Fortunately, tragedies such as Columbine are rare. Based upon current evidence, it is neither clear that school violence is out of control, nor that revision of school security policies is the proper (or only) solution. Thorough, localized problem analysis should precede the revision or development of school policies in any district.
Next, we attempt to apply some boundaries
to the problem. For example, we might begin by stating a concern with juvenile violence. However, we are quickly overwhelmed with information about the problem, different causal explanations, and different interventions (Riedel & Welsh, 2015). Are we really concerned with all types of juvenile violence, or with more specific settings? Are we really interested in specific types of violence, such as gang violence, school violence, gun-related violence, drug-related violence, interpersonal conflicts versus violence committed against strangers, or instrumental (goal-oriented) versus affective (emotional) violence? This is an important point. We need to do some research first to narrow our definition of the problem. It is entirely possible that we might decide to focus not only on a specific type of violence, but upon a specific age group (say,
middle-school children), a specific jurisdiction (e.g., a community with a high rate of violence, or a specific city, county, or state), or a particular demographic group (e.g., poor children living in inner-city areas). Whatever our reasons for choosing to set boundaries in particular ways (personal, political, or theoretical interests), identifying boundaries involves making judgments about how widely or narrowly to define a problem.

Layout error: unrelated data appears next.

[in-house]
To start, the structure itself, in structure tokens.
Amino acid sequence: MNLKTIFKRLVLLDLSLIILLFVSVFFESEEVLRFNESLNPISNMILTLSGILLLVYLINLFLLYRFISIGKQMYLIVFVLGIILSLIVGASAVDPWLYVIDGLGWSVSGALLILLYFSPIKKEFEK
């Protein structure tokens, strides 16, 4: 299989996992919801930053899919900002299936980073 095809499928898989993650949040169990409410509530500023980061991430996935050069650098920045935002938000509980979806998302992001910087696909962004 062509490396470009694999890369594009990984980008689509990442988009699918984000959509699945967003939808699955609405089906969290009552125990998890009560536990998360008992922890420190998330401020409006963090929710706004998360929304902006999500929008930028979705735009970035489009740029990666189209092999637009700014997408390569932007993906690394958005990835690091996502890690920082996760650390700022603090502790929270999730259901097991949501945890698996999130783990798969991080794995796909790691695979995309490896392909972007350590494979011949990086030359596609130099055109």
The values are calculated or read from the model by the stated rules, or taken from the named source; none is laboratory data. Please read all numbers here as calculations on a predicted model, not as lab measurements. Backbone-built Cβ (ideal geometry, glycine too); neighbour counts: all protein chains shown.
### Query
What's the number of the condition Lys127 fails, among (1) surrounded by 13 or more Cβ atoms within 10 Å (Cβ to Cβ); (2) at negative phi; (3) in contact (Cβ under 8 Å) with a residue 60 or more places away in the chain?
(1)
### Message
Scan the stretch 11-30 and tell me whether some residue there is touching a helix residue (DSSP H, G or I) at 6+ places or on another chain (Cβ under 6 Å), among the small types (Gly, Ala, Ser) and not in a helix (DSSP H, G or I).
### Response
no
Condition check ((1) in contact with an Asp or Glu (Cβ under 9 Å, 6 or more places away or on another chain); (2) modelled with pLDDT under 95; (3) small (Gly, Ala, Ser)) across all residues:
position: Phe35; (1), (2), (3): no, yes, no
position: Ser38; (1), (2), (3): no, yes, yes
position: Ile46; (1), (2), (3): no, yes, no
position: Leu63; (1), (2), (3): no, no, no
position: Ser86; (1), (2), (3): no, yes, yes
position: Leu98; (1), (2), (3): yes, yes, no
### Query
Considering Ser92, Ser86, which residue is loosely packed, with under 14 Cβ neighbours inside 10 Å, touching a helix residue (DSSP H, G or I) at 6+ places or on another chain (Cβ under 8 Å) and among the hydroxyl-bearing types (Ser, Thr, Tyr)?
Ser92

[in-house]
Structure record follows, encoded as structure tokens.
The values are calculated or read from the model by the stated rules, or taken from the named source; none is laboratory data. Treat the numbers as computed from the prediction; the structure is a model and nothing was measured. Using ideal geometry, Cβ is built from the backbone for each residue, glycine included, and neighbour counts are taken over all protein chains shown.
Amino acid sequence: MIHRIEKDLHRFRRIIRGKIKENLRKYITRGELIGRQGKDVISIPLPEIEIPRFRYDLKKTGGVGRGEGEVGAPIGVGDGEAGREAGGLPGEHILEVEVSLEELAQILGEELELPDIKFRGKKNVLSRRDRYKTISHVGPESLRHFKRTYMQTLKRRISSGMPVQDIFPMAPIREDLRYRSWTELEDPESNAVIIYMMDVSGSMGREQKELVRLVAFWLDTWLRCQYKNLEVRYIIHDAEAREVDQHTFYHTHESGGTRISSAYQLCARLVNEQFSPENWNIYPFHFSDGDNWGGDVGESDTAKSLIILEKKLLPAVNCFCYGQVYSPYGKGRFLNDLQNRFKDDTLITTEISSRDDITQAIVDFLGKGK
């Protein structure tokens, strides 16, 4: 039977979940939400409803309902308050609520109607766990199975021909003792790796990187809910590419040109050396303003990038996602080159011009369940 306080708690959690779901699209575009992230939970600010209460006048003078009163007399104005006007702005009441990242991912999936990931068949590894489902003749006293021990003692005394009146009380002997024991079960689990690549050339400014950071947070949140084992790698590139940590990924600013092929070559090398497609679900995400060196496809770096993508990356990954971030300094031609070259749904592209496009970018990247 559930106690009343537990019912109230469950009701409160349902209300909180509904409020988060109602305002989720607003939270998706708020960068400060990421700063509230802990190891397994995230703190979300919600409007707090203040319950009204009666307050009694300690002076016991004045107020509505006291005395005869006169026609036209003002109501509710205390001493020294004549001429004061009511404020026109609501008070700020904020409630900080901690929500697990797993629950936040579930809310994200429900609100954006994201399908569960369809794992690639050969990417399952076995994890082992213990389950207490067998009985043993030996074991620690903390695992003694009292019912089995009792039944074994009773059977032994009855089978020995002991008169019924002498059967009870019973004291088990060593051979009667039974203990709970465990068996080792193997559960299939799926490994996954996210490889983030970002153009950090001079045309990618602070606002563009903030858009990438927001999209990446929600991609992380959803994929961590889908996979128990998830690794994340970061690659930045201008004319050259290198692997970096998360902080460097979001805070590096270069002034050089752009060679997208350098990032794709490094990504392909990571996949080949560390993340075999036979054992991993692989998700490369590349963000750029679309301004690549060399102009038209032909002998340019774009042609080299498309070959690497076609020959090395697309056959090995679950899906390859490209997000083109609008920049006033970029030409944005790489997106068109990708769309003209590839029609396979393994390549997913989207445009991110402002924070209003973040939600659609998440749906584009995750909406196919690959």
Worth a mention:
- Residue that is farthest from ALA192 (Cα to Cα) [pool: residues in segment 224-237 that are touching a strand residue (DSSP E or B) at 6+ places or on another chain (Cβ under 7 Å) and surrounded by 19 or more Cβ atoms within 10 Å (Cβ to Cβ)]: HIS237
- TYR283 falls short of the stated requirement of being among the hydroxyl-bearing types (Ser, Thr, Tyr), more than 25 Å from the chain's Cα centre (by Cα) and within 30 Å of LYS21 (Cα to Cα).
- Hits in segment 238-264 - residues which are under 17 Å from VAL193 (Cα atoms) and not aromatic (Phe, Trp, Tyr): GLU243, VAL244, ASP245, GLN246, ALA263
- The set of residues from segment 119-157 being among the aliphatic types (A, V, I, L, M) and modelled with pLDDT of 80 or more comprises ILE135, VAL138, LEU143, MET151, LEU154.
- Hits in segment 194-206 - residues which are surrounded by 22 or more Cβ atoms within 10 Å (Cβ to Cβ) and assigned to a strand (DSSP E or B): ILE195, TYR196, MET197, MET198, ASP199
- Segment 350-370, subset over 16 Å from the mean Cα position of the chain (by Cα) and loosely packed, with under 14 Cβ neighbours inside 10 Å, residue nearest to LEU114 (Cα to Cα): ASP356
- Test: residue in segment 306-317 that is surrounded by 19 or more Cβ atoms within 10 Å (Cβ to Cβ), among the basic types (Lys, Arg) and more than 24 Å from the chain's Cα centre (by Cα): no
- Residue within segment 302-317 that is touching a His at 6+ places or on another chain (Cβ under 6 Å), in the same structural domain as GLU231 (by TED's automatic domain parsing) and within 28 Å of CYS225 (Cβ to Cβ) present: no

The presence of something that contributes to the discomfort or suffering of a specific group. For example, we might argue that a specific community experiences a high rate of robberies committed by addicts to buy drugs, or that there is a high rate of repeat incidents of abused women applying to courts for protection orders. In each case, there is a clearly defined condition present that perpetuates the suffering of a particular group of people.
The number of new cases of a problem within a specific time period (e.g., the number of new cases of AIDS diagnosed in a specific calendar year). According to the Joint United Nations Programme on HIV/AIDS, an estimated 2.1 million people worldwide acquired human immunodeficiency virus (HIV) in 2013, down from 2.9 million in 2005 (Joint United Nations Programme on HIV/AIDS [UNAIDS] and World Health Organization [WHO], 2015).
We first attempt to document the need for change through an analysis of existing conditions. Is there a problem? How big is it? What is the level of “need”? What is the evidence for a problem? One way of documenting a problem is to look at its incidence versus prevalence.
The existing number of cases of a particular problem as of a specific date (e.g., the total number of people with AIDS as of a specific date). As of December 31, 2013, 35 million people worldwide were estimated to be living with HIV/AIDS, up from 32.1 million in 2005 (Joint United Nations Programme on HIV/AIDS [UNAIDS] and World Health Organization [WHO], 2015).